Exploring elusive burgundy

November 2020

For centuries, the ancient duchy of Burgundy has been the source of the world’s most sought-after wines. In central France, about two hours drive south of Paris, this small region – less than a quarter the size of Bordeaux – is home to a rich diversity of wines, from the everyday to the outstanding. Basic Bourgogne, red and white, is a cellar staple. Perfectly matching a wide range of foods, these are your go-to wines for casual dinners. But for something really special – for Christmas dinner, or Christmas gifting – you must dig deeper. Today we explore some of these treasured Burgundies that wine lovers so ardently seek.

The hierarchy of quality and price in Burgundy is linked to the patch of ground where the grapes are grown. Over centuries, through trial and error, Burgundian vintners, often Catholic monks, identified with great precision the exact pieces of earth where the best vines grow. The only red grape permitted by law on these prime sites is Pinot Noir. This capricious varietal, temperamental and difficult to grow, possesses a rare affinity to express, with great purity of flavour, the character of the place where it grows. The French term terroir describes all the attributes of a specific site – soil, elevation, exposure, microclimate – that combine to give unique character to the grapes and thence to the wines.

The heart of Burgundy is the Côte d’Or, a narrow strip of land just a few hundred metres wide and barely 50 kilometres long, running south-west from the regional capital of Dijon to the village of Santenay. Along this line are strung like jewels the famous, enchanting little wine towns, or communes, that produce their rare elixir: Gevrey-Chambertin, Morey-St. Denis, Chambolle-Musigny, Vosne-Romanée, Nuits-St. Georges comprise the northern part. Note how the names are hyphenated. This is a marketing device: each town has appended the name of its most famous vineyard, hoping that reflected glory will shine on all the wines produced there.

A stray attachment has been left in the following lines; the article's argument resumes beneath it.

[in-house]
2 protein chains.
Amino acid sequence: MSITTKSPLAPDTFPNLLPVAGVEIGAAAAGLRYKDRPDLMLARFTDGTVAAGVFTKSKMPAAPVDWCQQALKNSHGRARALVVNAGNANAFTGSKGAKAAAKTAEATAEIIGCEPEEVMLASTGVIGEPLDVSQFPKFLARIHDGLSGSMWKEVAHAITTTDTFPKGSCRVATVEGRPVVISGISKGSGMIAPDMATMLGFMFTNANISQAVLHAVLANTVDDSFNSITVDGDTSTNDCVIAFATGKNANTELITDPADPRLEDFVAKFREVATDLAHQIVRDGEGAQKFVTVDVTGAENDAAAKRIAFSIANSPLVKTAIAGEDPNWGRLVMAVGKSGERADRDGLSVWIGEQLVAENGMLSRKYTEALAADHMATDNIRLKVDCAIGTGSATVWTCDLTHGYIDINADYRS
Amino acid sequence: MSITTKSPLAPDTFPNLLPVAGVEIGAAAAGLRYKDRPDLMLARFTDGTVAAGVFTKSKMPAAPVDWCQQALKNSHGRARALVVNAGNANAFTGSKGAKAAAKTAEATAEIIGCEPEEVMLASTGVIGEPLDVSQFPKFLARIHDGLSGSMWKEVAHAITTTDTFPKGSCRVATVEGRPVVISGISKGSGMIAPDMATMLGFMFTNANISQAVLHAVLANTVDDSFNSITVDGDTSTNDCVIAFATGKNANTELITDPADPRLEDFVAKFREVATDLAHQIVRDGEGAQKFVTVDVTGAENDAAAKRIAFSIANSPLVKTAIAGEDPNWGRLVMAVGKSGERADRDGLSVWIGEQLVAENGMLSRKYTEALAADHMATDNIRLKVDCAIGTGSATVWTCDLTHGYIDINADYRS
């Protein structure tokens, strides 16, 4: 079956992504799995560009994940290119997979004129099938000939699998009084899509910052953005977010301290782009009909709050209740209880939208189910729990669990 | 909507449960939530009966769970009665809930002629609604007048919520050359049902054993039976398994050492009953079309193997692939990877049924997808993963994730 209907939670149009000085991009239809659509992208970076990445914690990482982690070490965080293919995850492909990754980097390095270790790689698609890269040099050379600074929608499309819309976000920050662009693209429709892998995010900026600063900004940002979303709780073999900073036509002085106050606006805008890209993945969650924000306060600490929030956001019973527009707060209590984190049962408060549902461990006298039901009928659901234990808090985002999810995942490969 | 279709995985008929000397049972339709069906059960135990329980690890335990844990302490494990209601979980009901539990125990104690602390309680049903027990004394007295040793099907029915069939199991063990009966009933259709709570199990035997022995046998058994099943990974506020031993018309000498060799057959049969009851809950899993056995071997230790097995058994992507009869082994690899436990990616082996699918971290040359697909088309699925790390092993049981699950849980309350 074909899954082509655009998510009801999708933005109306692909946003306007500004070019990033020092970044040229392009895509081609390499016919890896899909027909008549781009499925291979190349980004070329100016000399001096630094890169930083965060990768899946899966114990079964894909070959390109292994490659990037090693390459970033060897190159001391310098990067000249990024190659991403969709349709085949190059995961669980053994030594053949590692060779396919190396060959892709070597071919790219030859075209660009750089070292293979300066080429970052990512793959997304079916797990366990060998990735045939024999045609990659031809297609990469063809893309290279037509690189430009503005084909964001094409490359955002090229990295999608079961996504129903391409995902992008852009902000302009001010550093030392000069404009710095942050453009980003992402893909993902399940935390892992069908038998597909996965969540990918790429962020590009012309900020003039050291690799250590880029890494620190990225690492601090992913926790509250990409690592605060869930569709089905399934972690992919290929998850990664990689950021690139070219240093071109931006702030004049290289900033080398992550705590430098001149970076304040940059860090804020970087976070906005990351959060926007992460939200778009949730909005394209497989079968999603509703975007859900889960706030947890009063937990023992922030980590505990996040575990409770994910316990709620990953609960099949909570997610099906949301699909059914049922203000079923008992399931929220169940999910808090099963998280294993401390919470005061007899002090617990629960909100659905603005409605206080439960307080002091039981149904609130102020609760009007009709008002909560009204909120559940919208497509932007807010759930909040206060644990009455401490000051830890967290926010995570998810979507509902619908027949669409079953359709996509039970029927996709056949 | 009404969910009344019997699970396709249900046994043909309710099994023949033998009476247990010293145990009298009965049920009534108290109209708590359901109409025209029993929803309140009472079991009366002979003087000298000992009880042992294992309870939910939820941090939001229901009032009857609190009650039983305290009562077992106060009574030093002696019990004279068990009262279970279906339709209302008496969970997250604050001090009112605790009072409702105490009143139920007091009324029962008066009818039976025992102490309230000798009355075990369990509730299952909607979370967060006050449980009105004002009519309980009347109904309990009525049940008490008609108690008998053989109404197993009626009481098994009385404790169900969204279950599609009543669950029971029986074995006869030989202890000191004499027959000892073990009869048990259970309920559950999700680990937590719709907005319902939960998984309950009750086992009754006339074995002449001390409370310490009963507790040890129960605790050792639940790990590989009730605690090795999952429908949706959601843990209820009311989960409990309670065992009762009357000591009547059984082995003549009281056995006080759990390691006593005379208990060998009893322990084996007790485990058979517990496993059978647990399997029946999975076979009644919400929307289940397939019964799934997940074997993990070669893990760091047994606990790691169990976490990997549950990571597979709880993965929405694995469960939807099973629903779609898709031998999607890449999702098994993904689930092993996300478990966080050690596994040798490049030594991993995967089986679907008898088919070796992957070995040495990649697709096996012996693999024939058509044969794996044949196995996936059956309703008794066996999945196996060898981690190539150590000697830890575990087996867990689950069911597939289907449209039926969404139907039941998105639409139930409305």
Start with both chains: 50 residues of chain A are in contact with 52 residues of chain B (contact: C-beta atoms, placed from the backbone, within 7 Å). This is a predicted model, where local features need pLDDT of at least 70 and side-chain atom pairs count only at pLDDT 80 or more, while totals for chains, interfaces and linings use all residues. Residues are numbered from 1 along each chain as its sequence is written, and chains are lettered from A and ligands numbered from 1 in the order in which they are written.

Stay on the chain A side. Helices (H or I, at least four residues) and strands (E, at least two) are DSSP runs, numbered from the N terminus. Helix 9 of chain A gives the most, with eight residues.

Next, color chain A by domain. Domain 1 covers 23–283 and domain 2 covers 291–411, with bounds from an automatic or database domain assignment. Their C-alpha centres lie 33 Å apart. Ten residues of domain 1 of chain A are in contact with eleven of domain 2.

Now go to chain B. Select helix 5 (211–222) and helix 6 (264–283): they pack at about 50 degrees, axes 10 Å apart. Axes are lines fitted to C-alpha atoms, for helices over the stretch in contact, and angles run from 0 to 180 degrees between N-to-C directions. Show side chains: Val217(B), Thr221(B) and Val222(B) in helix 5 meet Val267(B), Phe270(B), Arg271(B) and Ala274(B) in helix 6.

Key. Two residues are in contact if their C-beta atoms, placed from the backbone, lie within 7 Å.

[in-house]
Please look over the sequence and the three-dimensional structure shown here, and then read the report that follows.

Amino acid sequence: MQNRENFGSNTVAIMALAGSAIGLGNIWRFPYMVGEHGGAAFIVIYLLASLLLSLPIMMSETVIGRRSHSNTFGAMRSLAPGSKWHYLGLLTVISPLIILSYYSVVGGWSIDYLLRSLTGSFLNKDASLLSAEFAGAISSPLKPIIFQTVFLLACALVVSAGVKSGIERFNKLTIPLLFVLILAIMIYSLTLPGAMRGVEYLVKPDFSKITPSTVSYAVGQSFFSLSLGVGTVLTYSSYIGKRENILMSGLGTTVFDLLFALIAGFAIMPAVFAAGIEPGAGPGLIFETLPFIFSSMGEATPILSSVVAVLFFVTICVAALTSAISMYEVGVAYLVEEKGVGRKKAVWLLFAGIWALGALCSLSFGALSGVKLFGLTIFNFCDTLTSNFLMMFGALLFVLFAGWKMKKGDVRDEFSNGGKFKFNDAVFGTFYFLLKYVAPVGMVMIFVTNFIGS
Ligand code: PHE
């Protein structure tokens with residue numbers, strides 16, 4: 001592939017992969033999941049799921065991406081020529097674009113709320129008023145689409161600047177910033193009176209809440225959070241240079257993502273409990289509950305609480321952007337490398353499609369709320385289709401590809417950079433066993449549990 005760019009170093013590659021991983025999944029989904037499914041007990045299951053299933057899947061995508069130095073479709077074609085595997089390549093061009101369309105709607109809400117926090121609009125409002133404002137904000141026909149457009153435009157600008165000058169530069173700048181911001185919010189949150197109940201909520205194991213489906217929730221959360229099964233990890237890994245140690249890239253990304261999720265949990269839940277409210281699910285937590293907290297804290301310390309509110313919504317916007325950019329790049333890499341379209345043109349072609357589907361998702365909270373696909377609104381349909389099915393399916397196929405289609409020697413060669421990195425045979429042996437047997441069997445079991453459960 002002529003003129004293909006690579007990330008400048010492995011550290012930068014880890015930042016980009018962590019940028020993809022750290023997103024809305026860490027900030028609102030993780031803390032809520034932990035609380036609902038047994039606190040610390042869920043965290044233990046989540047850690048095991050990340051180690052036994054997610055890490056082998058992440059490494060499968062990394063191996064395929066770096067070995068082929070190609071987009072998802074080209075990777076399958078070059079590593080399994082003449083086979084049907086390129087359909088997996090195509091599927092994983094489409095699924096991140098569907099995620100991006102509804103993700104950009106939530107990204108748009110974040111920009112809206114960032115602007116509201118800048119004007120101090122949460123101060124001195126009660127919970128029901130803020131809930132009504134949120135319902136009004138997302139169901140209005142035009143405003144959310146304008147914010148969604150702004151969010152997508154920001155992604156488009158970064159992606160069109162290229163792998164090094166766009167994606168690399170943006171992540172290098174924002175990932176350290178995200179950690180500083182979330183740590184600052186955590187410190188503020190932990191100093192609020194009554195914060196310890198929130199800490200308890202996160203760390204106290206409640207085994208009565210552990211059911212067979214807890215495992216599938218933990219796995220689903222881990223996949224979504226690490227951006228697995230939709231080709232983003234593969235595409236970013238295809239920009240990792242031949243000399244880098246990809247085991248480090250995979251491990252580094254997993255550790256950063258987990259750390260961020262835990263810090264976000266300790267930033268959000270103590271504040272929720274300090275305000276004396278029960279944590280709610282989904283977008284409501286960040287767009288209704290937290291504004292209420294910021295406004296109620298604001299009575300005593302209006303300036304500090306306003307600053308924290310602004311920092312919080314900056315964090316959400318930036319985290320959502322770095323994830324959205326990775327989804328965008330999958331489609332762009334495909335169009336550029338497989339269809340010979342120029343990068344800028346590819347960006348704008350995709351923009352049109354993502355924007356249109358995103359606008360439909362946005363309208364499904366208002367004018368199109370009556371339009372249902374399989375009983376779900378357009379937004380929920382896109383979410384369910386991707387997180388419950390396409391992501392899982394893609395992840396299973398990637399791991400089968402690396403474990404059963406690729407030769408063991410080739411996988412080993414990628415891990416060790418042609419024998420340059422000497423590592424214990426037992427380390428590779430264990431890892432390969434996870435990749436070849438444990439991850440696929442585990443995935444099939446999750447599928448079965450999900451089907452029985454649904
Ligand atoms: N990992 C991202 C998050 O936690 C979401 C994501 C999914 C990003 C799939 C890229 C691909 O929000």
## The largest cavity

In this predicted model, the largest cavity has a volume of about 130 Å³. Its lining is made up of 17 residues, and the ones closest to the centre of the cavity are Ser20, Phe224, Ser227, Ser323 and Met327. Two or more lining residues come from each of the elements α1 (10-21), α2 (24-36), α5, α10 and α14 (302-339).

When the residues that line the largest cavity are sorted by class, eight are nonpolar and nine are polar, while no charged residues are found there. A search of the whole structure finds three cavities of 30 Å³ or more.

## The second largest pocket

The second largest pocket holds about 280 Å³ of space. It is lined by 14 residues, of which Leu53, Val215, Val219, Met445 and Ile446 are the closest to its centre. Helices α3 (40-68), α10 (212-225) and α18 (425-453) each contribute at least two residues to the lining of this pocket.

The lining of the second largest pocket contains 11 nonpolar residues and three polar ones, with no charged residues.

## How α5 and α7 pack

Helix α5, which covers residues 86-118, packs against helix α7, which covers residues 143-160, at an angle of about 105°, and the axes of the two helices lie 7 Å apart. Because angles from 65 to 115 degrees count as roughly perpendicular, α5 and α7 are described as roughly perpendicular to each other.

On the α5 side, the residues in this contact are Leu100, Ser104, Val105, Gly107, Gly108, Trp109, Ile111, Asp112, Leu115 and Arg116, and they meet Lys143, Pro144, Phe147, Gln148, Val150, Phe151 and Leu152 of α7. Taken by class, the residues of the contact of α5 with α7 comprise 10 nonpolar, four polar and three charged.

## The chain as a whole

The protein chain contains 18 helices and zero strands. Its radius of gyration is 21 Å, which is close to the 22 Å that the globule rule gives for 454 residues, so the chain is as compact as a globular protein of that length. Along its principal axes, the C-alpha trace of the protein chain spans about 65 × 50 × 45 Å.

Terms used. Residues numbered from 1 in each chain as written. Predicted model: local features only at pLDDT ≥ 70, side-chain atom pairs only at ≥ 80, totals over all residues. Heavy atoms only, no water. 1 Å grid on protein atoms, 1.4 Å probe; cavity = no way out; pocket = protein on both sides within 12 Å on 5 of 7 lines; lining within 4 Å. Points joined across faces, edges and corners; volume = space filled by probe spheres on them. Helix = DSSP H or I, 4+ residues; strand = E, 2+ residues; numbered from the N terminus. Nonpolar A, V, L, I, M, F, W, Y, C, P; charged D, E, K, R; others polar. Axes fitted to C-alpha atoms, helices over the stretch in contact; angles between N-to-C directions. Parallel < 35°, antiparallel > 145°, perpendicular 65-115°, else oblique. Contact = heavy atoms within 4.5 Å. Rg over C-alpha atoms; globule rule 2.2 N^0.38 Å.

Topping the hierarchy are the Grand Cru wines, that are marketed under their own name only; these wines are utterly sublime and impossibly expensive. Chambertin is possibly the most famous of all these Grand Cru Burgundy vineyards. It is located in the commune of Gevrey, so that commune now markets itself as Gevrey-Chambertin. Next come the Premier Cru wines, from named vineyard sites within the commune, lacking the stature to go to market under their own name only: Gevrey-Chambertin Clos St.-Jacques is a fine example of a Premier Cru vineyard. And finally come the commune wines, called simply Gevrey-Chambertin – a fine wine indeed, but not of Grand or Premier Cru stature. The wines from all these hyphenated communes follow this pattern: Grand Cru, Premier Cru, commune wine.

There are some 30 Grand Cru vineyards: Musigny, Clos St. Denis, Romanée-Conti, La Romanée, Clos de Vougeot… all red in the northern half of the Côte d’O; both red and white: Corton, Corton-Charlemagne, Montrachet… in the southern half. Then there are dozens of premier cru sites – Vosne-Romanée Suchots, Chambolle-Musigny Charmes, Beaune-Grèves…and other named vineyards spread across some twenty-five communes whose names appear on labels. To complicate things further, each vineyard may have multiple vignerons, each owning a few rows of vines. Labelling all this is as intricate as theology!

To begin to assimilate and fully comprehend all this, you must delve into the extensive library of wine books.

I suggest beginning with Hugh Johnson’s World Atlas of Wine. Gorgeously illustrated, filled with maps and detailed descriptions, it makes a perfect Christmas gift, and an ultimate
desert island companion. A lifetime of study awaits you – the rewards are worth it!

© Paul Inksetter 2020

Follow Paul Inksetter’s wine writing on his blog, www.winewicket.com
© Paul Inksetter 2016

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